The DPIA has two main purposes:
- building compliance and
- demonstrating compliance.
1. The former refers to an internal process that accompanies the design and operations of a processing activity. By reaching compliance with the requirements of the GDPR, risks posed by the processing activities on data subjects are identified and mitigated. The process of conducting a DPIA installs data protection as a guiding principle that informs decisions in a way to minimize the data protection risks and impact of processing for the affected persons. This affects in particular decisions about the purposes and means of the processing. It makes sure that data protection requirements are taken into account throughout all life cycle phases of the activity and not just as an “afterthought” when all decisions have already been made. In other words, it avoids that personal data can be processed without having identified its risks and impact and without implementing suitable safeguards and mitigation measures.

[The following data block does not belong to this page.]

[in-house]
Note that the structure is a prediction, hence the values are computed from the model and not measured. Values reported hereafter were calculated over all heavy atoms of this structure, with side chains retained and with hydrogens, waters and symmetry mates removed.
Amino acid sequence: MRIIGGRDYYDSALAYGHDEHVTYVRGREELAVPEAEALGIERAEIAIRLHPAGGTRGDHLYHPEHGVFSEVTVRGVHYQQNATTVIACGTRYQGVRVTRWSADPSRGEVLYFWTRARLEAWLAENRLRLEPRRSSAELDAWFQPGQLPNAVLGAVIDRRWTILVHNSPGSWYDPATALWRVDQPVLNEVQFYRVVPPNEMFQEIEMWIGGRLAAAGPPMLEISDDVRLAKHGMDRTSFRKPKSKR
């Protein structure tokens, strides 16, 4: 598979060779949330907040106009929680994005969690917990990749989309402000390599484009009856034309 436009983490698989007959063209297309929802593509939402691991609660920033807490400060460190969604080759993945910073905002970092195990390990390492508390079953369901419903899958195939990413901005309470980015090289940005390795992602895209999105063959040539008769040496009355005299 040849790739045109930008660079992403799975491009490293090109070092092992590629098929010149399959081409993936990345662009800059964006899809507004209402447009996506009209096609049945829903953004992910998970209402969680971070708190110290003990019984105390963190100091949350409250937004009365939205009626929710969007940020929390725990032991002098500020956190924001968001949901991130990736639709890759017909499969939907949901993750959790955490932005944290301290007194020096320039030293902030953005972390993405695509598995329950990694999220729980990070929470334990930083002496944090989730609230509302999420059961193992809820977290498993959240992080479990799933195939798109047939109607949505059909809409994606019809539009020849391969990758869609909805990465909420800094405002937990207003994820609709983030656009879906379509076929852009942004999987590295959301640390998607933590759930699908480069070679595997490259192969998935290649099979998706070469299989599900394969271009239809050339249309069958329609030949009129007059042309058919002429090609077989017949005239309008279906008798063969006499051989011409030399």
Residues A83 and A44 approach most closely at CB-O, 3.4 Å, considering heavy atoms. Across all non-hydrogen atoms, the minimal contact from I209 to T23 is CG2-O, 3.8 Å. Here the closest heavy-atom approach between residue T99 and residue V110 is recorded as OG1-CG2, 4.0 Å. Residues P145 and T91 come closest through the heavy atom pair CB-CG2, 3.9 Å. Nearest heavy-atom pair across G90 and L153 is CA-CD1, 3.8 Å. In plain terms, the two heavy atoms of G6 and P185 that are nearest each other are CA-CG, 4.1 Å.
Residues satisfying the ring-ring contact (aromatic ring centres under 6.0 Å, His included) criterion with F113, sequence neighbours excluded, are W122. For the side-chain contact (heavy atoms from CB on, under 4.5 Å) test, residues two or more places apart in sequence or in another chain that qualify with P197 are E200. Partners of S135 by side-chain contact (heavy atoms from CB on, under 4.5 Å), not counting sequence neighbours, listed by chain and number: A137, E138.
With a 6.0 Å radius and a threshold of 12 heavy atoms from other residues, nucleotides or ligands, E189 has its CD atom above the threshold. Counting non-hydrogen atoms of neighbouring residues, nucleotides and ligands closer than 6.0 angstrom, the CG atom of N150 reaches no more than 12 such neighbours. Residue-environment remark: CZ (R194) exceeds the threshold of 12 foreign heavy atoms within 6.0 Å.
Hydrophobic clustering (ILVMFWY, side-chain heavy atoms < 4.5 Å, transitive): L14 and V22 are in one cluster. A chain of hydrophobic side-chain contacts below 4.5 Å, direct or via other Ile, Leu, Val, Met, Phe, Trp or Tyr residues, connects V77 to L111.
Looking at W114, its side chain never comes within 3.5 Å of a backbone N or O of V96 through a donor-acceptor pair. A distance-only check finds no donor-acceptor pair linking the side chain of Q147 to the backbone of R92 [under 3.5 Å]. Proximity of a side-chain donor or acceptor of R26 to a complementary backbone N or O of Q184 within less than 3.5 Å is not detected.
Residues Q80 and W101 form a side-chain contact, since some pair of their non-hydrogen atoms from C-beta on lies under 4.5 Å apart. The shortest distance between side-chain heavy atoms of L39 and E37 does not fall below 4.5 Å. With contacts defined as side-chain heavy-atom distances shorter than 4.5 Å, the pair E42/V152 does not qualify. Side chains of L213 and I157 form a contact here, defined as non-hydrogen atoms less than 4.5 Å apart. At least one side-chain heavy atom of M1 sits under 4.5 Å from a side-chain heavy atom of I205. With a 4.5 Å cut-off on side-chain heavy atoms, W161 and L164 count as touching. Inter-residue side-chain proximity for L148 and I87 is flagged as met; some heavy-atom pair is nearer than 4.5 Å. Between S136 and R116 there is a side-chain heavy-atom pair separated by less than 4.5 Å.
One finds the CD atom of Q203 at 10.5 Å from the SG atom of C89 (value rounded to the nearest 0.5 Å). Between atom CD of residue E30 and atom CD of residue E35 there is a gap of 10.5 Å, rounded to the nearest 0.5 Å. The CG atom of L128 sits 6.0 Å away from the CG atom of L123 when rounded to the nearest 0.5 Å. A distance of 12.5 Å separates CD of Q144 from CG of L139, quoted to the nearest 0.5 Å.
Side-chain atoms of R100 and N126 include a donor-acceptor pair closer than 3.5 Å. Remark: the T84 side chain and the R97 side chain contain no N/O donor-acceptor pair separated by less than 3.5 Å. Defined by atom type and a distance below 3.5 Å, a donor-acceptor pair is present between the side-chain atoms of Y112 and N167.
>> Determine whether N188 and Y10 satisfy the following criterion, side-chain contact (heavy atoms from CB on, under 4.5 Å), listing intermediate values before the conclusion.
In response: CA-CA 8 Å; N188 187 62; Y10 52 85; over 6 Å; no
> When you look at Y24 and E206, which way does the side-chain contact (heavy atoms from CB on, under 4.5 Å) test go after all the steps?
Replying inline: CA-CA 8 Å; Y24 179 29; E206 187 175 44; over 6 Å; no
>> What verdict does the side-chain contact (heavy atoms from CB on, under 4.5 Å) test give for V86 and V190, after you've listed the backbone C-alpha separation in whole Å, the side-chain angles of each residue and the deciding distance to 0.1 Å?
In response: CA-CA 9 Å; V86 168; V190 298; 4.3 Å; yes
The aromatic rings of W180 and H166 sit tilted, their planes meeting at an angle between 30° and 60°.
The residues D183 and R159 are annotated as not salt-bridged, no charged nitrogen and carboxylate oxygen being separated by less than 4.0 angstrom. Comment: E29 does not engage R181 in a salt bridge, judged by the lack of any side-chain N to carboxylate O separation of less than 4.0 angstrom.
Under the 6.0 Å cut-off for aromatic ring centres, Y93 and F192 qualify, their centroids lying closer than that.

2. The latter refers to the DPIA report as a tool of accountability that is used to demonstrate that a given processing activity complies with the GDPR.
1wp248rev.01, page 4, Section I, 2nd paragraph: “In other words, a DPIA is a process for building and demonstrating compliance.” ↑
2wp248rev.01, page 14, Section III.D.a), 1st paragraph: “The DPIA should be seen as a tool for helping decision-making concerning the processing.” ↑
3wp248rev.01, page 4, Section I, 2nd paragraph: “DPIAs are important tools for accountability, as they help controllers not only to comply with requirements of the GDPR, but also to demonstrate that appropriate measures have been taken to ensure compliance with the Regulation (see also article 24). [Highlighting added by the authors]. ↑